Sunday, 16 May 2010

Michel van der Aa: After Life, Barbican, 15 May 2010

Barbican Hall

(semi-staged performance)

Chief – Claron McFadden
Bryna – Helena Rasker
Ilana – Margriet van Reijsen
Sarah – Yvette Bonner
Mr Walter – Richard Suart
Aiden – Roderick Williams

Michel van der Aa (director, video)
Robby Duiveman (costumes)
ASKO|Schoenberg
Otto Tausk (conductor)

I was rather excited about this performance – as a prospect. No one could fault the Barbican Centre’s enterprise in bringing across from the Netherlands a new opera by a highly regarded composer, Michel van der Aa: just what an enterprising arts venue should be doing, in this case as part of its Present Voices season. (Henze’s Phaedra had been given its British premiere in January. April had witnessed Heiner Goebbels’s I Went to the House and did not Enter.) A promising team of performers, not least the crack ASKO|Schoenberg ensemble and soloists such as Claron McFadden and Roderick Williams, was slated – and did not disappoint. Why then was I disappointed?

Try as I might, I could find little to recommend in the work itself. In brief, the action is set in a ‘way-station between heaven and earth’. New entrants must choose from their single lives a memory that was ‘most meaningful or precious’ to them. The staff help them do this and put together brief films of those memories, rather as if they were on Blue Peter. One of them, Aiden, is eventually enabled to leave by finding his own memory; he must therefore leave behind Sarah, who may have fallen in love with him. At the end, the films are shown. However, interspersed with this principal action are testimony from ‘real people’: ‘video insert documentaries’, which range from the interesting – well, one of them – to the insufferably banal. Tessa, a South African who turned her back on apartheid represents the former; a short documentary concerning her life and experiences might well have been of interest in its own right. Flint, a little boy who lost his dog, stood at the other end of the scale. Inclusion of children is usually a cheap trick, to prey upon sentimentality; whether that were the intention here, I have no idea, but it was certainly the result, as nauseating audience cooing commenced. (I was put in mind of the dreadful ENO Messiah from last Advent.)

The libretto, adapted by the composer from a story by Hirokazu Kore-eda, was perhaps the worst aspect: not only unmusical but prosaic to a degree that almost defied competition. Here, chosen at random, is a brief excerpt:

Ilana
But those are just memories.
And ultimately, we end up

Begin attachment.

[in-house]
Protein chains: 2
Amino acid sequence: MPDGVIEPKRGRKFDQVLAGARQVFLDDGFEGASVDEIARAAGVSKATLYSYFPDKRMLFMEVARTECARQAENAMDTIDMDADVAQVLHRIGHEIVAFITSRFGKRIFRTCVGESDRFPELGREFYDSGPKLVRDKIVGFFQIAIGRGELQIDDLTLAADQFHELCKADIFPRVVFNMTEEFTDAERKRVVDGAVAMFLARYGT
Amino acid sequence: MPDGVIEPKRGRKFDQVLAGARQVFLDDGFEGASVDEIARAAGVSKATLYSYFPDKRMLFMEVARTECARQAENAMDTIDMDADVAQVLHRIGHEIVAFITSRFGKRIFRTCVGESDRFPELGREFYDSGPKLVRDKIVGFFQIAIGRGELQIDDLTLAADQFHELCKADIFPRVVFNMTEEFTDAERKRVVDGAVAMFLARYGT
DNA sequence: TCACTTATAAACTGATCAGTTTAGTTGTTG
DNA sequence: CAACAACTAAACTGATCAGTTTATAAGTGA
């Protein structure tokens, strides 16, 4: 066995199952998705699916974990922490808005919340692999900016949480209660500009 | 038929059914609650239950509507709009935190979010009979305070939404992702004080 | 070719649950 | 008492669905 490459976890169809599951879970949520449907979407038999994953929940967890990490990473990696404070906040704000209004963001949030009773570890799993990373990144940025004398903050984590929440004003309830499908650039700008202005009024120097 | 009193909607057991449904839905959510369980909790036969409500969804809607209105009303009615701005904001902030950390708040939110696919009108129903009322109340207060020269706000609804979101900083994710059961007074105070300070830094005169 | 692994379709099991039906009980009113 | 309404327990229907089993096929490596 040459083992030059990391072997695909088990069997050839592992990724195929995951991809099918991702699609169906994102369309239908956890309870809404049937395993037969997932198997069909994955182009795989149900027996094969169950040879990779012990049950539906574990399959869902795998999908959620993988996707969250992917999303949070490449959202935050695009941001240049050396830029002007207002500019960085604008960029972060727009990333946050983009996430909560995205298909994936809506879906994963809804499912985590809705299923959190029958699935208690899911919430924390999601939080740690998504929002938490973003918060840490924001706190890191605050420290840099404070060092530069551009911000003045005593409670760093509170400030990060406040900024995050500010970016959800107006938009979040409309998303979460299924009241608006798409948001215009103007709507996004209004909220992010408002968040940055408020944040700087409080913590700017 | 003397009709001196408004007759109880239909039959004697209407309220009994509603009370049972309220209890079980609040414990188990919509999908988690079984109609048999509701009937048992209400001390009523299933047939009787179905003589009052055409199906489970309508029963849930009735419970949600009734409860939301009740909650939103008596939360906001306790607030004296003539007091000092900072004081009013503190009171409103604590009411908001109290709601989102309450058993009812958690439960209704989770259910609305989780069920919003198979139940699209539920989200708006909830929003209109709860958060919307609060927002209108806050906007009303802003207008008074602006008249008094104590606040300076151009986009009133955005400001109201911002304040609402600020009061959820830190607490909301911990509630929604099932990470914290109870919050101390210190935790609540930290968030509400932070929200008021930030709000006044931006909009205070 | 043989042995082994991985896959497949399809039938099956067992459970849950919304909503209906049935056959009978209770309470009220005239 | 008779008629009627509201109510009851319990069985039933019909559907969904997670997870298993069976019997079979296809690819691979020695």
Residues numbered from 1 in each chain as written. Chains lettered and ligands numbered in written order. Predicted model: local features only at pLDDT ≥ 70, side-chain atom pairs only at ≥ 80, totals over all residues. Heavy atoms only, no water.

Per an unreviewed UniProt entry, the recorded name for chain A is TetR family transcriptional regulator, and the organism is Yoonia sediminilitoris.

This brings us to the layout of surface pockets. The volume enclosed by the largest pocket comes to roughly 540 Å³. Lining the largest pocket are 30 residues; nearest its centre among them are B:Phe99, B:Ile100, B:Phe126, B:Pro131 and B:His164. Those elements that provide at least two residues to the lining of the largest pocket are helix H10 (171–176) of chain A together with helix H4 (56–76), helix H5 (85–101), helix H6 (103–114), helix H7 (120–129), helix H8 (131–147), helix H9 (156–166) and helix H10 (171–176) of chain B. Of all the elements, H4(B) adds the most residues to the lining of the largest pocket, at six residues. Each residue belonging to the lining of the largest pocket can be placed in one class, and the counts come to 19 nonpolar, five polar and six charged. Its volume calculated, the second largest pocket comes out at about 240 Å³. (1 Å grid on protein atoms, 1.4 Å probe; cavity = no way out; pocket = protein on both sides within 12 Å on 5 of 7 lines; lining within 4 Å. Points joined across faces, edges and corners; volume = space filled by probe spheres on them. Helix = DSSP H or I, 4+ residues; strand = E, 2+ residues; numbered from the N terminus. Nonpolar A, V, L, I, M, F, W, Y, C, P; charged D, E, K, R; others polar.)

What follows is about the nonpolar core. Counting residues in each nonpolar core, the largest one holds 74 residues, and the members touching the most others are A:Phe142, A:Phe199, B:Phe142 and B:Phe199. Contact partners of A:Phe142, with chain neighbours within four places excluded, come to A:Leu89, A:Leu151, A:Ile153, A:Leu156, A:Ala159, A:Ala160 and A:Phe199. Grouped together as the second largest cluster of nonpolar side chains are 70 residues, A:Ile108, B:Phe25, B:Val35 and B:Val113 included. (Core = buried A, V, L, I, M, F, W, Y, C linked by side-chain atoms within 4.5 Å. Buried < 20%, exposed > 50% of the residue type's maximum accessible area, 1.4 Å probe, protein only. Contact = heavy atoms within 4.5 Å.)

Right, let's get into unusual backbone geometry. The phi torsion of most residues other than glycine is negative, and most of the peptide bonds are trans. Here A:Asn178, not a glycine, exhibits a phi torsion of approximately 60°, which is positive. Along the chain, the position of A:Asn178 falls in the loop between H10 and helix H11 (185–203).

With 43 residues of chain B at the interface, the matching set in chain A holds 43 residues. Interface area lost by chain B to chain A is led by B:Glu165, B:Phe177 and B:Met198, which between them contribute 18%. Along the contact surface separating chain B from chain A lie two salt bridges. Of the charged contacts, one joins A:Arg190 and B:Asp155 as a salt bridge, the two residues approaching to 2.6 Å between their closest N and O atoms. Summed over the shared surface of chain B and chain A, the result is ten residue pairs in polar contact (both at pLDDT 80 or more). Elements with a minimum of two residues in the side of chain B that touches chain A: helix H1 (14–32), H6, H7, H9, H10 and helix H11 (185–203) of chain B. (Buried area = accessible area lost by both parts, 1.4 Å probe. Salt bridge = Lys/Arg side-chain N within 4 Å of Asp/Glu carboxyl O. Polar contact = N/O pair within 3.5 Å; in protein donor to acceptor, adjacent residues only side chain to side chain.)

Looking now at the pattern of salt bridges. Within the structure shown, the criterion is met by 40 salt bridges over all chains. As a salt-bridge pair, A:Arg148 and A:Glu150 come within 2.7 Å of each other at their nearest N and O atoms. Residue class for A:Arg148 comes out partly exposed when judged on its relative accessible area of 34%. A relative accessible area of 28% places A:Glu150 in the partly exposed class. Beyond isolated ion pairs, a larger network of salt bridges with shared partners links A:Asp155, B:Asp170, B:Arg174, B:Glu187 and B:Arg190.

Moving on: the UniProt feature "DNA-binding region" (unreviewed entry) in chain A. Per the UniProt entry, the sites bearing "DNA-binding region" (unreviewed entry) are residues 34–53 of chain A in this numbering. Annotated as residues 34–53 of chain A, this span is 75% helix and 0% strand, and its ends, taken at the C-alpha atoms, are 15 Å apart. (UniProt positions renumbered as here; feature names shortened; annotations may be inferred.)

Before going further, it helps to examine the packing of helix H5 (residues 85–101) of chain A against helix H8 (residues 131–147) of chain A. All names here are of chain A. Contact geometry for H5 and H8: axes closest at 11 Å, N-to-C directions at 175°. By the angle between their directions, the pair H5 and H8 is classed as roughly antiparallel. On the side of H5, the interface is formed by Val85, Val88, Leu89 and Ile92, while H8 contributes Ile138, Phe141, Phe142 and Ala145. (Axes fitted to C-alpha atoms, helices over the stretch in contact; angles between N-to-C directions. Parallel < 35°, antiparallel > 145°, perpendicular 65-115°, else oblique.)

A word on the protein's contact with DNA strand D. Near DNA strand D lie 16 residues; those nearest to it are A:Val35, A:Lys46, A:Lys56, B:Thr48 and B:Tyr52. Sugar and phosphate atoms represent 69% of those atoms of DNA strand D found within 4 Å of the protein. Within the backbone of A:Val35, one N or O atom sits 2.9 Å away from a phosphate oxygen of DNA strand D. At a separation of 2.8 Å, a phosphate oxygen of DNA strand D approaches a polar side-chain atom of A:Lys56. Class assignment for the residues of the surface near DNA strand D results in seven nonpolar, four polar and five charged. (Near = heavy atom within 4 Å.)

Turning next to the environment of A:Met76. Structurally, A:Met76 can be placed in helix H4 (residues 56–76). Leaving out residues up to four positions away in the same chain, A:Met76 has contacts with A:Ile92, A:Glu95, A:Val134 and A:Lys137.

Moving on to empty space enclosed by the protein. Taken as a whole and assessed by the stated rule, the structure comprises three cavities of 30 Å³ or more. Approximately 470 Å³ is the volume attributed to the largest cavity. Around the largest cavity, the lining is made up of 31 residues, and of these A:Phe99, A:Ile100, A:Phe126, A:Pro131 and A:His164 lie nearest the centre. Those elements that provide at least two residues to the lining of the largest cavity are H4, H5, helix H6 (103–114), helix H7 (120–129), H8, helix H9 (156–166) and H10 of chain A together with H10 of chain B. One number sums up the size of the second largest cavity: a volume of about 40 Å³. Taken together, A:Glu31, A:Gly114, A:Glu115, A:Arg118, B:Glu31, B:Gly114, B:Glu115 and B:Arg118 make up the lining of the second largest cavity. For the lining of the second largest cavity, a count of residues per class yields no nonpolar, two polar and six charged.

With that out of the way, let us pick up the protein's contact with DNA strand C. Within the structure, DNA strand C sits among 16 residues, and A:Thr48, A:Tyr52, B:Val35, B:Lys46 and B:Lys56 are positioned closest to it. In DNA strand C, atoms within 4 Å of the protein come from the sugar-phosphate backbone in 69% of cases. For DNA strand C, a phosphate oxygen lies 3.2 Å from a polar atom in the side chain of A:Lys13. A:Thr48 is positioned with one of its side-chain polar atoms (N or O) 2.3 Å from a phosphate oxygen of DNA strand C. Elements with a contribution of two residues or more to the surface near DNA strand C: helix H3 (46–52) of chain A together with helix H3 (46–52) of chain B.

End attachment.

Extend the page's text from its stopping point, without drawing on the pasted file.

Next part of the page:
turning memories
into our own images.
Of course, they really happened,
so they feel very real, but …
Say I construct the future,
as though I’m making a film about it.
As I imagine all kinds of situations,
I think that what I create,
would feel a lot more real
than some memory.
And that’s a lot more meaningful than
looking back at the past.
Living with a single moment from my past,
would be too painful for me.

Chief
I think you’d better reconsider.

Ilana
It’s your whole set-up here
That needs rethinking.

Ilana, I think, spoke truer than she knew. A theatrical treatment of the state of Limbo, recently put under siege by the Pope but still dear to many believers’ hearts, might have been a more promising idea. The banality of responses to the opera’s great question on a dedicated website suggests that just about anything might have been. But religion, astonishingly, was entirely absent.

Of course, some memorable operas succeed in spite of their texts. Alas, I could find nothing to interest me in the music either. It seemed to rely upon a few repeated figures, vaguely minimalistic, post-Stravinskian at a stretch. After a certain degree of repetition, they changed slightly, and were joined from time to time by electronic elements. At certain ‘emotional’ moments there was more heightened ‘emotional’ music, in a generalised fashion. There was nothing offensive; I rather wish there had been. It was all just mildly boring. Perhaps such uneventful music was an attempt to characterise a a ‘way-station between heaven and earth’. Who knows?

The performances, however, seemed to me excellent. There was no faulting the commitment of the ensemble, nor Otto Tausk’s direction. Standing out amongst the singers, as one might have expected, were Claron McFadden’s Chief and Roderick Williams’s Aiden. Insofar as the latter could move us, he did. But all of the cast contributed impressively; it was just a pity that the cause were not a little less enervating.

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